Republic of China Army

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Republic of China Army
Zhōnghuá Mínguó Lùjūn (Mandarin)
Chûng-fà Mìn-koet Liu̍k-kiûn (Hakka)
Republic of China Army (ROCA) Logo.svg
Emblem of the Republic of China Army
FoundedJune 16, 1924 (1924-06-16) (as the National Revolutionary Army)
Country Republic of China
RoleGround warfare
Size100,000 (2018 est.)
Part ofRepublic of China Armed Forces
Garrison/HQLongtan, Taoyuan, Taiwan (ROC)
ColorsGold & Green
March"Army Anthem" (Chinese: 陸軍軍歌; "Lùjūnjūngē"; "Liu̍k-kiûn Kiûn-kô")
EngagementsNorthern Expedition
Sino-Soviet conflict (1929)
Long March
Second Sino-Japanese War
World War II
Battle of Baitag Bogd
Chinese Civil War
Chinese Communist Revolution
Battle of Guningtou
Battle of Nanri Island
Battle of Yijiangshan Islands
Vietnam War
Laotian Civil War
War on Terror
Military intervention against ISIL[1]
Commander of the Republic of China ArmyROCA General's Flag.svg General Chen Pao-yu (陳寶餘)[2]
Deputy Commander of the Republic of China ArmyROCA Lieutenant General's Flag.svg Lieutenant-general Huang Kuo-ming (黃國明)
Deputy Commander of the Republic of China ArmyROCA Lieutenant General's Flag.svg Lieutenant-general Mo You-ming (莫又銘)
Flag of the Republic of China Army.svg
Republic of China Army
Traditional Chinese中華民國陸軍
Simplified Chinese中华民国陆军

The Republic of China Army (ROCA) is the largest branch of the Republic of China Armed Forces. An estimated 80% of the ROC Army is located on Taiwan, while the remainder are stationed on the Penghu, Kinmen, Matsu, Dongsha and Taiping Island.

Since the Chinese Civil War, no armistice or peace treaty has ever been signed, as the final line of defense against a possible invasion by the People's Liberation Army (PLA), the primary focus is on defense and counterattack against amphibious assault and urban warfare.


General Chen Pao-yu, the incumbent commander of the ROC Army
ROC Army Logistics Command

The ROC Army's current operational strength includes 3 armies, 5 corps. As of 2005, the Army's 35 brigades include 25 infantry brigades, 5 armoured brigades and 3 mechanized infantry brigades.[3][4][5] All infantry brigades stood down and transferred to Reserve Command after 2005.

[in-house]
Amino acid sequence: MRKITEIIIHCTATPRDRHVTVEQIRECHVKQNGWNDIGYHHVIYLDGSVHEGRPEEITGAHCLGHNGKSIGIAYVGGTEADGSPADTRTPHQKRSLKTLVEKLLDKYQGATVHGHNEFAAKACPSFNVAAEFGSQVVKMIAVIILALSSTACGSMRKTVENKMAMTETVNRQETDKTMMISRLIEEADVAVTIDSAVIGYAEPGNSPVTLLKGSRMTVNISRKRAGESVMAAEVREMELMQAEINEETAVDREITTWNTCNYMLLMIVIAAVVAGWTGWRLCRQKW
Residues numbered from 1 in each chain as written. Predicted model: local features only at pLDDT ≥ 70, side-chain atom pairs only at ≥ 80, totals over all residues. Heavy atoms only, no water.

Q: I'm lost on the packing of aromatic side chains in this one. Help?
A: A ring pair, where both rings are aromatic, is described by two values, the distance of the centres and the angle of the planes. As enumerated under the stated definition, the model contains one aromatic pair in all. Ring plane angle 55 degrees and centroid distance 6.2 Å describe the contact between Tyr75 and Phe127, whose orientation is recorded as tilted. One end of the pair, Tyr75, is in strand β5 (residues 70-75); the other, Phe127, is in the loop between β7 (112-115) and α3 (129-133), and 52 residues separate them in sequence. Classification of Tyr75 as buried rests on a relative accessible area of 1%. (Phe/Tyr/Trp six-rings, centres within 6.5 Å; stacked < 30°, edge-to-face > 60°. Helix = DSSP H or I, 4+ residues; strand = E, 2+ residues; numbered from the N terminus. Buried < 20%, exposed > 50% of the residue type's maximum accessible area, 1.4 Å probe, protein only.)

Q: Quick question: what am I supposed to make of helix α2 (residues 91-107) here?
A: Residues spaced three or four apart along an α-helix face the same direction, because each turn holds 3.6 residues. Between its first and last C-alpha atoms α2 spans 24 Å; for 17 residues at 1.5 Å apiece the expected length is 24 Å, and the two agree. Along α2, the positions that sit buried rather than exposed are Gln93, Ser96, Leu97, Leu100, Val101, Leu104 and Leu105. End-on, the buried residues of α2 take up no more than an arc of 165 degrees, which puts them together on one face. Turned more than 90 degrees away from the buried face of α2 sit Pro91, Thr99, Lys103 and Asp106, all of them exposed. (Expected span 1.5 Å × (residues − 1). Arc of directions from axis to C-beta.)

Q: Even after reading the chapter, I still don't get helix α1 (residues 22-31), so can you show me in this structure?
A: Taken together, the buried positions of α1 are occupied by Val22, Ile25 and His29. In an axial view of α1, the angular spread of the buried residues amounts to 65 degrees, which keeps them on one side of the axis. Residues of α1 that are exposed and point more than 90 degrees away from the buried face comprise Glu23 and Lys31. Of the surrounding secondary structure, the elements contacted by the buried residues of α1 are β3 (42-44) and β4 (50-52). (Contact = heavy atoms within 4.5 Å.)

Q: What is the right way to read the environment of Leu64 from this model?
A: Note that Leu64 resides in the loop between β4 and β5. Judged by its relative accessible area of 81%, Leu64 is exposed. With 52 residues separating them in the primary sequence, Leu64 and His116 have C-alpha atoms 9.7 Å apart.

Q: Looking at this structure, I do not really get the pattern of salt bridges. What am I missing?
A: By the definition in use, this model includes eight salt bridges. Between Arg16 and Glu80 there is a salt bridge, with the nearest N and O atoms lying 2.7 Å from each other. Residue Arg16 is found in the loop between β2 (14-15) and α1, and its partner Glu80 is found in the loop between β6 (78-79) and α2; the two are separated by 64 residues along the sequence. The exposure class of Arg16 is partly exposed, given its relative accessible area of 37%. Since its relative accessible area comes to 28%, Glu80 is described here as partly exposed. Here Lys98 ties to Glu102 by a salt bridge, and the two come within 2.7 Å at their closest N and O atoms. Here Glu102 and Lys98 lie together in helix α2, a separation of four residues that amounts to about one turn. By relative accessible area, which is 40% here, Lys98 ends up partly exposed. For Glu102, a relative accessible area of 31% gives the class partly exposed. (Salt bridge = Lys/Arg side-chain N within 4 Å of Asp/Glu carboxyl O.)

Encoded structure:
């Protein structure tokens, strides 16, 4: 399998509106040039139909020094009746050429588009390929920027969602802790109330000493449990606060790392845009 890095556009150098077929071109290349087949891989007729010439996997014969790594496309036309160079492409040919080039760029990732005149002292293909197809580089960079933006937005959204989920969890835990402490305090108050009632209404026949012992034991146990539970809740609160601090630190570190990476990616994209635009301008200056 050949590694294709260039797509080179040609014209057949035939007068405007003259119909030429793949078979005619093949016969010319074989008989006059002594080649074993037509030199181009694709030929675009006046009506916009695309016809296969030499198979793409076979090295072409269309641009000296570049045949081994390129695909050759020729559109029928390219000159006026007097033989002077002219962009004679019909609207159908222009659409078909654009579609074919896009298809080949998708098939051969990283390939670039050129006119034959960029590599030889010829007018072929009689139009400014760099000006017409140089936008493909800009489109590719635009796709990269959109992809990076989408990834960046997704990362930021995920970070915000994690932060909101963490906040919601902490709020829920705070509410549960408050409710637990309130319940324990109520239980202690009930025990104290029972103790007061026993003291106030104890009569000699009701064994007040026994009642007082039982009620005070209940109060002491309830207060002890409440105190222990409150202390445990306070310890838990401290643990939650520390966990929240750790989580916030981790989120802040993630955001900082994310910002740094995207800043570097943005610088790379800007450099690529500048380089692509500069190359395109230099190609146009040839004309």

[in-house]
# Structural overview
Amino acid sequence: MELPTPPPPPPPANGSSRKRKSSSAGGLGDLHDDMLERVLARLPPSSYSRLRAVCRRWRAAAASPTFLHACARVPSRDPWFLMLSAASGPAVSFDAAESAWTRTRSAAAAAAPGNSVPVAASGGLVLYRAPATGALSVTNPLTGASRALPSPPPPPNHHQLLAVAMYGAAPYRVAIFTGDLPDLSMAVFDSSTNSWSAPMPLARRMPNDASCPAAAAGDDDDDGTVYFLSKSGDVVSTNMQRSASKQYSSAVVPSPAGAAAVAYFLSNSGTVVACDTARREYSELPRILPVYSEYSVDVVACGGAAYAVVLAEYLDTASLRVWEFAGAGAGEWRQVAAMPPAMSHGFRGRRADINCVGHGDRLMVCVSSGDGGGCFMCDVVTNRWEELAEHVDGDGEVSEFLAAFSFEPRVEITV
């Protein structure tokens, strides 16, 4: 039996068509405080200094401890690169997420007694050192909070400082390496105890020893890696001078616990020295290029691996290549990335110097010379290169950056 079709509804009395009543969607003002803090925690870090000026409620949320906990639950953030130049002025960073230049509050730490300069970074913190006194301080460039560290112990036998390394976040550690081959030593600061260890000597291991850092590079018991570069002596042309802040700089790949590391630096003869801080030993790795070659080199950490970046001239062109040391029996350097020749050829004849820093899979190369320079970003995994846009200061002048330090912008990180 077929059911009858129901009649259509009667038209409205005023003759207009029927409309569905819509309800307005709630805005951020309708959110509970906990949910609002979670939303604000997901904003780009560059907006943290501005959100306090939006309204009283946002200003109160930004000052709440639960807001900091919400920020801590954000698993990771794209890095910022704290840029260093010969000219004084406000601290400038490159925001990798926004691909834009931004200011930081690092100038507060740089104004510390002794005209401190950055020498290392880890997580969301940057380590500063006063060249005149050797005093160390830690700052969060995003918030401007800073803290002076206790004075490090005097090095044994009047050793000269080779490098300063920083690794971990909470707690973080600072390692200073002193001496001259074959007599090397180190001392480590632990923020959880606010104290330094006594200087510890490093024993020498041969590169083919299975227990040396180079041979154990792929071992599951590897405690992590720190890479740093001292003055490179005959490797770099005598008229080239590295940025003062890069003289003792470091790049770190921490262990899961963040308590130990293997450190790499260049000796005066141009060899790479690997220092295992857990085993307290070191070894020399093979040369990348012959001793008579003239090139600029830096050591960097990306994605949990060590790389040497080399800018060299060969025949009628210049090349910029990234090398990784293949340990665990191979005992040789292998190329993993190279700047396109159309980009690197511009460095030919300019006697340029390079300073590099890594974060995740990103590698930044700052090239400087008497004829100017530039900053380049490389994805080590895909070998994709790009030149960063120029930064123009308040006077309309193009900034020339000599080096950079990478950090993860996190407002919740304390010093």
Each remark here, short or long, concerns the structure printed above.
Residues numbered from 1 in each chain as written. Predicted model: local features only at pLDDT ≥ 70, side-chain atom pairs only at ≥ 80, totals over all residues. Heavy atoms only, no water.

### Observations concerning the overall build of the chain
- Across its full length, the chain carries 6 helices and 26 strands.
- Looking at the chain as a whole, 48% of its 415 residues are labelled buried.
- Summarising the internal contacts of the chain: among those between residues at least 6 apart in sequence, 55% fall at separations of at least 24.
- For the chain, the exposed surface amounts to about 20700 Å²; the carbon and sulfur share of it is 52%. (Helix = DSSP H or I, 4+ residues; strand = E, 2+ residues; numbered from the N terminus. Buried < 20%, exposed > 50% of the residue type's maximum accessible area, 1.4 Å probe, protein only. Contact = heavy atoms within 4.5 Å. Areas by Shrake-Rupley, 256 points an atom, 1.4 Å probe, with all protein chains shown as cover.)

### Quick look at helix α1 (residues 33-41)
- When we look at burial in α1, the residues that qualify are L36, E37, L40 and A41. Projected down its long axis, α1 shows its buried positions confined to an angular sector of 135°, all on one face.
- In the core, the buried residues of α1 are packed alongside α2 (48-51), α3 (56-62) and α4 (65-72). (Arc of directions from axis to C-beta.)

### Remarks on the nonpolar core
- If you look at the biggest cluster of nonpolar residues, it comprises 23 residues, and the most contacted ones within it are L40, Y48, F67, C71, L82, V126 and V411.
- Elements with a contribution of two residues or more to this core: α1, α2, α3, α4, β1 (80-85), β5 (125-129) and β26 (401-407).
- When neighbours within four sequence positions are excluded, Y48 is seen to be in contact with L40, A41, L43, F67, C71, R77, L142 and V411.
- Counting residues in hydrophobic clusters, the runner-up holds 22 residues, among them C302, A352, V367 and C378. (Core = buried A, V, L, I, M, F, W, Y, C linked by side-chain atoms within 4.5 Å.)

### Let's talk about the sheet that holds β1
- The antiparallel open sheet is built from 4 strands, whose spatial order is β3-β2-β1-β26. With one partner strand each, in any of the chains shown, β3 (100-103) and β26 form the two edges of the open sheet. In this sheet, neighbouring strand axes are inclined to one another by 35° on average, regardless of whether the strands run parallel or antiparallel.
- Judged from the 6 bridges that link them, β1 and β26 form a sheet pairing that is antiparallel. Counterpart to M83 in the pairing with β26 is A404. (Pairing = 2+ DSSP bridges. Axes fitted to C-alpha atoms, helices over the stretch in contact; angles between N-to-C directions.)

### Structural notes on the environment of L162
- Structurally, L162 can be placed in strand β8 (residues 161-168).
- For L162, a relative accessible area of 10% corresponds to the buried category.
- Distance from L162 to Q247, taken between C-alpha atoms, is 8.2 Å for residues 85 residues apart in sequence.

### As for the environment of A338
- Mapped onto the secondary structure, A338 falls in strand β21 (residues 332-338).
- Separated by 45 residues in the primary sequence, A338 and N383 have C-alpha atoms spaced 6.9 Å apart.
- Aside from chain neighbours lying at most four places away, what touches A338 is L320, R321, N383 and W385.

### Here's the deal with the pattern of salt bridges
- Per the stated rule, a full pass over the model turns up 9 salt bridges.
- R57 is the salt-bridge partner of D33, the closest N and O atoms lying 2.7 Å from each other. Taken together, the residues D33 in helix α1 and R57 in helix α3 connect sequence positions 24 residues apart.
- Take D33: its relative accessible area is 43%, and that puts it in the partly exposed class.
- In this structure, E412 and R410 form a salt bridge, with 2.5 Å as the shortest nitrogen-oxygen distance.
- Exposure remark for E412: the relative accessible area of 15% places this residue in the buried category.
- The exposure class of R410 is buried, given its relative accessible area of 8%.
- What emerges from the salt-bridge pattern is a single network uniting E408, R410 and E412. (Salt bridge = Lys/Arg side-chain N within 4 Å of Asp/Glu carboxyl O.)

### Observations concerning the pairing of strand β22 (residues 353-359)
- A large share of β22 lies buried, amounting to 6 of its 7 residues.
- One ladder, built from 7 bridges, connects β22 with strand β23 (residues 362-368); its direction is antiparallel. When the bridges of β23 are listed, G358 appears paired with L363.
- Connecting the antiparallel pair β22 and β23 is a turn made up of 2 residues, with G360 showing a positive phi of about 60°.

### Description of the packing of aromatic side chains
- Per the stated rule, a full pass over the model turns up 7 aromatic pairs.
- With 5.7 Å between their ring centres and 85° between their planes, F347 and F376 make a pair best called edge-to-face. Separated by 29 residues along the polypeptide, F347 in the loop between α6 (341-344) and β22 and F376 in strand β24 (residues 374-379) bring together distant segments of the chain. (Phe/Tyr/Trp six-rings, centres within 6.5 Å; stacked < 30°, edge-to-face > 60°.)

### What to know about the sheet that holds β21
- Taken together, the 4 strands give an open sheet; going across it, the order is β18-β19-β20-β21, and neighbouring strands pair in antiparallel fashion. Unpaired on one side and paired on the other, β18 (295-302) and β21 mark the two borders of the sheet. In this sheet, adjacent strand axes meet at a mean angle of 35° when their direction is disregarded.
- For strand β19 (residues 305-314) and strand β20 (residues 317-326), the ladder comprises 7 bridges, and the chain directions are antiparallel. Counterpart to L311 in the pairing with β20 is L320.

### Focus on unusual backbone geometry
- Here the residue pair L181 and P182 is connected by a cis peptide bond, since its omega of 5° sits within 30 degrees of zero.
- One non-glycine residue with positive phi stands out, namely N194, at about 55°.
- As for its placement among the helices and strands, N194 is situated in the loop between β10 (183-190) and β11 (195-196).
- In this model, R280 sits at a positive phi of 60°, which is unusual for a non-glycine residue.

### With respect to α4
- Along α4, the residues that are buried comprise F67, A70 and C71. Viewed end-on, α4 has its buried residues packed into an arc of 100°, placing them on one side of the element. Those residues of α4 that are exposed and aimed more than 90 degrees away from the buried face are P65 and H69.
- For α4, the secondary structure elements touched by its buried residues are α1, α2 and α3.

This update reflects the ROCA order of battle at the conclusion of the Jinjing Restructuring Plan in 2008.

A new type of unit called defense team (守備隊) is being introduced. These are formed by elements of de-activated brigades under each area defense command. The strength of a defense team may vary from one or more reinforced battalions, making it roughly equal to a regiment. The team CO is usually a full colonel.[6]

Republic of China Army Command Headquarters[edit]

The ROC Army CHQ (中華民國國防部陸軍司令部) is headed by a 3-star general and is responsible for overall command of all ROC Army assets. Army GHQ is subordinate to the Chief of the General Staff (military), the Minister of National Defense (civilian) and the ROC President.
ROC Army SharpShooter Team
ROC Army 101st Amphibious Reconnaissance Battalion Training during Amphibious Landing Exercise
A military frogman of Army 101st Amphibious Reconnaissance Battalion
  • Internal Units: Personnel, Combat Readiness and Training, Logistics, Planning, Communications, Electronics and Information, General Affairs, Comptroller, Inspector General, Political Warfare.
  • Aviation and Special Forces Command (航空特戰指揮部)
  • 601 Air Cavalry Brigade (original special force battalion assigned transferred back to 862nd Brigade)
  • 602 Air Cavalry Brigade (original special force battalion assigned transferred back to 862nd Brigade)
  • 603 Air Cavalry Brigade (this is a phantom unit, only exists on paper, no manpower, units, helicopters assigned)